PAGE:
| RT Board Member Releases New Publication
In conjunction with two other authors, Paul Mathews, PhD, RRT, FCCM, FCCP, a member of RTs editorial advisory board, recently released a book called Foundations of Respiratory Care.
Published by Delmar Learning, the book includes sections on essential diagnostics and therapeutics, levels of delivery, applications, history and scope of respiratory care, its legal and ethical concerns, and the applied sciences of respiratory care. The coauthors are Mathews, an associate professor at the University of Kansas Medical Center, Kansas City; Ken Wyka, MS, RRT, director of marketing at Allied Health Care Services in Orange, NJ; and William F. Clark, PhD, RRT, director of the respiratory care program at the University of Medicine and Dentistry of New Jersey.
Bioengineered Plant Prevents Experimental Asthma
Data from an Australian study show that the consumption of a plant genetically modified to act as a vaccine prevented the onset of experimental asthma in mice.
The researchers fed one group of mice narrow leaf lupin altered to express a gene for the potential allergen sunflower seed albumin. A second group of mice ate unaltered lupin. When the investigators attempted to induce asthma in the mice by exposing them to high levels of sunflower albumin, the mice who ate the genetically modified plant showed no response. The mice who ate the regular lupin developed asthma.
The authors say the findings, published in the Journal of Immunology, suggest that plant-based vaccines may provide more treatment options.
Most treatment at the moment is based on suppressing the immune response. The plant-based vaccine modifies the immune response to have an ongoing protective effect, said one of the studys authors, Simon Hogan, PhD, in an ABC Science Online report. Hogan, a molecular scientist at the Australian National University in Canberra, also told ABC that human trials may take place in 10 or 15 years.
Study Differentiates Anthrax From Flu
Researchers have identified key symptoms that may help distinguish inhalational anthrax from influenza and other common respiratory conditions, according to a new study. This information is being used to create an evidence-based prehospital screening protocol designed for response to a future bioterrorist attack.
Combining data from the 11 inhaled anthrax cases from 2001 with historical case reports of 17 additional patients, researchers at Weill Medical College of Cornell University compared the features of anthrax-related illness with more than 4,000 cases of common viral respiratory tract infections, such as the flu. While symptoms such as fever and cough did not reliably discriminate between anthrax and flu or flu-like illnesses, othersmost notably neurologic problems like dizziness and confusion, serious gastrointestinal symptoms like nausea and vomiting, and shortness of breathwere much more common in patients with inhaled anthrax. Although sore throats and runny noses were present in some cases of anthrax infection, these flu-like symptoms never occurred without at least one of these other symptoms.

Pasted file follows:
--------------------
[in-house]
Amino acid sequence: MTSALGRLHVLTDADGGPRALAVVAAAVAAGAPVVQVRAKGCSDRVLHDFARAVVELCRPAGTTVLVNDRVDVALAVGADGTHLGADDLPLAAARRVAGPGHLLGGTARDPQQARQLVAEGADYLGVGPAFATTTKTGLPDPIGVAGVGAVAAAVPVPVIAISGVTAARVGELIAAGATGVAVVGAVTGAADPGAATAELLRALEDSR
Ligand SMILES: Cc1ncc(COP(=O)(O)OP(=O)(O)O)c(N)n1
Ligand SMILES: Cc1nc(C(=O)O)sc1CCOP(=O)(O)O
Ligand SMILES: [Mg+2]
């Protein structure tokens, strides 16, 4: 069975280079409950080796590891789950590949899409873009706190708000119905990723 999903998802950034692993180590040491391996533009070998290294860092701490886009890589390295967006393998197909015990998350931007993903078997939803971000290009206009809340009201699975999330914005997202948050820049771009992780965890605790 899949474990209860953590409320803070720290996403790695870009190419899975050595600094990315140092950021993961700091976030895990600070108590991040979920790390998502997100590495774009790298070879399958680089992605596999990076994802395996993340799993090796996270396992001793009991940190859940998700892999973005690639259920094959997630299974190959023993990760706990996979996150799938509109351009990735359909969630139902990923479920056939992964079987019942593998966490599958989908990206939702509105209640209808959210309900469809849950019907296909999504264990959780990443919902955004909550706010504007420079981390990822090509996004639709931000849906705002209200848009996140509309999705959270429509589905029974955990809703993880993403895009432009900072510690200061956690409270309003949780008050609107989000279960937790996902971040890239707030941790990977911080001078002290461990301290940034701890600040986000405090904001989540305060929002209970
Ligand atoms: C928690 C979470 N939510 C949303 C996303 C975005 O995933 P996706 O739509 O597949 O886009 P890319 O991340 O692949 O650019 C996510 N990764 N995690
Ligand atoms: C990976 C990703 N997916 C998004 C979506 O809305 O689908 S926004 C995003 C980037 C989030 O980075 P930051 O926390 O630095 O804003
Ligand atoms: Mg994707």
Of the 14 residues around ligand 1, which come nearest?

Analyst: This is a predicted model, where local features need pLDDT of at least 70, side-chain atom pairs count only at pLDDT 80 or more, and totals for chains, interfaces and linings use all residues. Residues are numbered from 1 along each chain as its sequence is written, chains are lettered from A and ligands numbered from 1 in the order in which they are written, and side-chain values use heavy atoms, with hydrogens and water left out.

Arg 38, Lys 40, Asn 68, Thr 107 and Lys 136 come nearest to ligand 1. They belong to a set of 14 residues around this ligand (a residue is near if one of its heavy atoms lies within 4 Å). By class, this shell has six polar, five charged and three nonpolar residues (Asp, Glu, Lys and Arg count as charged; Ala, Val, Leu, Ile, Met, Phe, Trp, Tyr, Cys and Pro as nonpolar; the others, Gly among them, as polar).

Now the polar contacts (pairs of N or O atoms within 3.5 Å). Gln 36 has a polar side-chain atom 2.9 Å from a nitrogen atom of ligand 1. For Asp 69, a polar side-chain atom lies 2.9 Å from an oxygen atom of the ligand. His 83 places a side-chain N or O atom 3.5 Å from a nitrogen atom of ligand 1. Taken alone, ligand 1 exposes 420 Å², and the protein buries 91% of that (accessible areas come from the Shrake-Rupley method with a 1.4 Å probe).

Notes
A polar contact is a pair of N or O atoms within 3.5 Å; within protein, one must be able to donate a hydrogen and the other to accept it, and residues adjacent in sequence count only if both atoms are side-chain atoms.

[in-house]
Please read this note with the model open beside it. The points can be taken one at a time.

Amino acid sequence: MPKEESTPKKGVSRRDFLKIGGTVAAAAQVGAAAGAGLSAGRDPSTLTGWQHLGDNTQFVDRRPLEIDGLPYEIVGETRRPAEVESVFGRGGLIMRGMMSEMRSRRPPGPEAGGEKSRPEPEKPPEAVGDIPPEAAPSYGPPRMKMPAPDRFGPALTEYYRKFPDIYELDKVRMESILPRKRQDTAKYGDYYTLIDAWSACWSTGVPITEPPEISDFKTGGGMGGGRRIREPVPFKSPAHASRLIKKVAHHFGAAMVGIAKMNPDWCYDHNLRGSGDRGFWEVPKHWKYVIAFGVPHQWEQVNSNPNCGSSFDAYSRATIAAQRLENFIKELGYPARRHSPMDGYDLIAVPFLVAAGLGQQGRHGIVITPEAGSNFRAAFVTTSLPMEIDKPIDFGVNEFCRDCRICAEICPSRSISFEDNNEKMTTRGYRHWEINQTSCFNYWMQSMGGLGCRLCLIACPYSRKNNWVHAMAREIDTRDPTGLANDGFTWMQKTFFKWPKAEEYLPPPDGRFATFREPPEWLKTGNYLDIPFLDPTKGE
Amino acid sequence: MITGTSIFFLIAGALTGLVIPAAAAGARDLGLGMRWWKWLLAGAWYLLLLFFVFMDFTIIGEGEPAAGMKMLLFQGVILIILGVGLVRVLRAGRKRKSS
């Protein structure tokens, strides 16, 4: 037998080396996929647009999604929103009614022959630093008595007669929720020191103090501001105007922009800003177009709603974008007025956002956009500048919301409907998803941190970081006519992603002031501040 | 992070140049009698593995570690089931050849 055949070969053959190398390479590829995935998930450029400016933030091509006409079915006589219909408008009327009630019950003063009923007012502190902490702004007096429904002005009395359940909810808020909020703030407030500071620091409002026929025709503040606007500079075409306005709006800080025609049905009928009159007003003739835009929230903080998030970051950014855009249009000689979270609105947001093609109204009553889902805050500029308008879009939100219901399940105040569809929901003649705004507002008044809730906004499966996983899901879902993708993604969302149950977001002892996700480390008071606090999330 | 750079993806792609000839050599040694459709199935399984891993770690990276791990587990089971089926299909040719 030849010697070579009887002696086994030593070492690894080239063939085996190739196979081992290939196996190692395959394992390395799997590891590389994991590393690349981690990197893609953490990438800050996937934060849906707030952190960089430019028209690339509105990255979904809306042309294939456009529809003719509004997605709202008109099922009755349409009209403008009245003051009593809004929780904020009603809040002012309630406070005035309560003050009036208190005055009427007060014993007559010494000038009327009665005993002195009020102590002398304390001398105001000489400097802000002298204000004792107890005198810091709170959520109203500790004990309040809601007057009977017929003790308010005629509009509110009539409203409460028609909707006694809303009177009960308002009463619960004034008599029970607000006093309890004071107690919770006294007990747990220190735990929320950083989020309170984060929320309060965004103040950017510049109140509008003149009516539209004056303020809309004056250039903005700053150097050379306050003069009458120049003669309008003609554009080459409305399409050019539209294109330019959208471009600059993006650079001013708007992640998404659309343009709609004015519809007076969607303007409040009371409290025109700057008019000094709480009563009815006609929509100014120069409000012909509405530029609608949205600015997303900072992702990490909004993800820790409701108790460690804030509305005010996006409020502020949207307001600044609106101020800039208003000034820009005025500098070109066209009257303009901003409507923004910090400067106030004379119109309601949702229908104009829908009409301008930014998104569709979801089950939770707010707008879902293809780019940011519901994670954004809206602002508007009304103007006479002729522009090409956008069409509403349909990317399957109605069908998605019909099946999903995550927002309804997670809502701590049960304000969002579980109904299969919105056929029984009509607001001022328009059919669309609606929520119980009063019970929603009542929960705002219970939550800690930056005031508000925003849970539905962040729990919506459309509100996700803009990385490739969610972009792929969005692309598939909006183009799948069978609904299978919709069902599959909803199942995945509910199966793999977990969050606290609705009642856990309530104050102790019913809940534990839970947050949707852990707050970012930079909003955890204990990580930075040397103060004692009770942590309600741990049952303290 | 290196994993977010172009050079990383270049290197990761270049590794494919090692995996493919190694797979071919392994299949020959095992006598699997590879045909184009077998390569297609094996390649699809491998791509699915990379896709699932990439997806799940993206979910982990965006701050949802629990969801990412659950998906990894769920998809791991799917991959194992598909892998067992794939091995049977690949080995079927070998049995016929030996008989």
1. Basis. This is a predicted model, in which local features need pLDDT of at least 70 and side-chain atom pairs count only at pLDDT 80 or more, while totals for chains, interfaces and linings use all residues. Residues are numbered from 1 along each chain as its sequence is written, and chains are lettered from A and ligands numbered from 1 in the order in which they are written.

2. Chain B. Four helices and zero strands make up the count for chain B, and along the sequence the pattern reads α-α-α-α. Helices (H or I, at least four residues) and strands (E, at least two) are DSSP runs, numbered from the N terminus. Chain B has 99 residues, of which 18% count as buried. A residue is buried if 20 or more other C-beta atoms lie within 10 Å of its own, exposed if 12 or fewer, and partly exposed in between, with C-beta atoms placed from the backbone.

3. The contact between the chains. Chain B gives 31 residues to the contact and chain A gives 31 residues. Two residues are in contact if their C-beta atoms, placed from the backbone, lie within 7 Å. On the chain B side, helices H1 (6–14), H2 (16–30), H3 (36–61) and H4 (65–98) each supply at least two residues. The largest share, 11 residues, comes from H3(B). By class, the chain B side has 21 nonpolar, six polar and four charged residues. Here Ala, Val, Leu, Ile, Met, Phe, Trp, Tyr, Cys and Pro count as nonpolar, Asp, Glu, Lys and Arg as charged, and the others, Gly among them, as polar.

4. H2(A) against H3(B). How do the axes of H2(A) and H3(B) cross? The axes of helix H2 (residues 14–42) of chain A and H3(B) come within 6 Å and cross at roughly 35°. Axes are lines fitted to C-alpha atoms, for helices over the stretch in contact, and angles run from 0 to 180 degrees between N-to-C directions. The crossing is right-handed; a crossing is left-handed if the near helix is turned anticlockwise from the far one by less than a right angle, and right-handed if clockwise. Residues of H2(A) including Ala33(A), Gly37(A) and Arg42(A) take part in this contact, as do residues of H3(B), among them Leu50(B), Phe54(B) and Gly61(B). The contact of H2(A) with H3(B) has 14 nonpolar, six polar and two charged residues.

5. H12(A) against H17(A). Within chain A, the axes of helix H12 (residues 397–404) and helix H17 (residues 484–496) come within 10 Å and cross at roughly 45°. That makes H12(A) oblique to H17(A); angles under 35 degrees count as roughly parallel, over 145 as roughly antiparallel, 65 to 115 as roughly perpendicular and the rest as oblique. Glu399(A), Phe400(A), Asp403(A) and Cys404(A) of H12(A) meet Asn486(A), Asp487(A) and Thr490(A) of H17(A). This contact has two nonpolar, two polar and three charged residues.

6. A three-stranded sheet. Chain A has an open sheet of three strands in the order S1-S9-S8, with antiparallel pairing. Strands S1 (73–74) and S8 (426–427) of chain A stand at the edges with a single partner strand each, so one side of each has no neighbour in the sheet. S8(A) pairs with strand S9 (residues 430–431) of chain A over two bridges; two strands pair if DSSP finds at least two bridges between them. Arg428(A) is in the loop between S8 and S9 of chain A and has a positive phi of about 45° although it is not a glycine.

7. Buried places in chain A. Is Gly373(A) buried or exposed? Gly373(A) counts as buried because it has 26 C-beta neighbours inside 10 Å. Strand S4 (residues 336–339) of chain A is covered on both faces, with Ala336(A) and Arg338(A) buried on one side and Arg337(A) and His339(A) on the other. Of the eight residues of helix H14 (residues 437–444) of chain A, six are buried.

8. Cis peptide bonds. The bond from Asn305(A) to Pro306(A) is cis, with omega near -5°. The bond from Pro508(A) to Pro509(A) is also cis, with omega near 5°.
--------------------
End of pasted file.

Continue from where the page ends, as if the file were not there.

Four of the 11 patients who developed anthrax in 2001 originally were sent home with diagnoses of a viral syndrome, bronchitis, or gastroenteritis, according to the Agency for Healthcare Research and Quality. The study was published in the September 2 issue of Annals of Internal Medicine.
One Respiratory Disease Might Be Two
Asthma and severe asthma might be two different diseases, according to results of a large international study published in the September issue of the European Respiratory Journal.
The study compared 163 subjects with severe asthma to 158 subjects with mild to moderate asthma. Even with much higher doses of inhaled corticosteroids and one third receiving regular therapy with oral steroids, those with severe asthma had more frequent asthma exacerbations and a much reduced quality of life, according to the authors. Study subjects with mild to moderate asthma were able to control their asthma with inhaled corticosteroids.
Also, in the patients with severe asthma, measurements of biomarkers of inflammation and physiological functions showed a different profile. In particular, throughout Europe, allergy was less common in the severe asthmatics. Females were more than four times as likely to have severe asthma while only slightly more likely to have mild to moderate asthma.
These different biomarkers and the ineffectiveness of regular asthma medications suggest that severe asthma is a distinctly different form of asthma, rather than simply more asthma symptoms, the authors say.
The implications of the study are that in patients with more severe, chronic intractable asthma, different types of therapy need to be considered, says Stephen T. Holgate, MRC clinical professor of immunopharmacology, RCMB division, at the Southampton General Hospital, United Kingdom, and one of the authors of the study. Our own recent work here would suggest that such patients would benefit from therapy with the new monoclonal antibody treatments, including anti-human IgE and blocking strategies against the mediator of chronic severe asthma TNF-alpha.
The investigators will embark on a new longitudinal study of biomarkers, clinical pathophysiology, and genotype that will be concluded in 2005.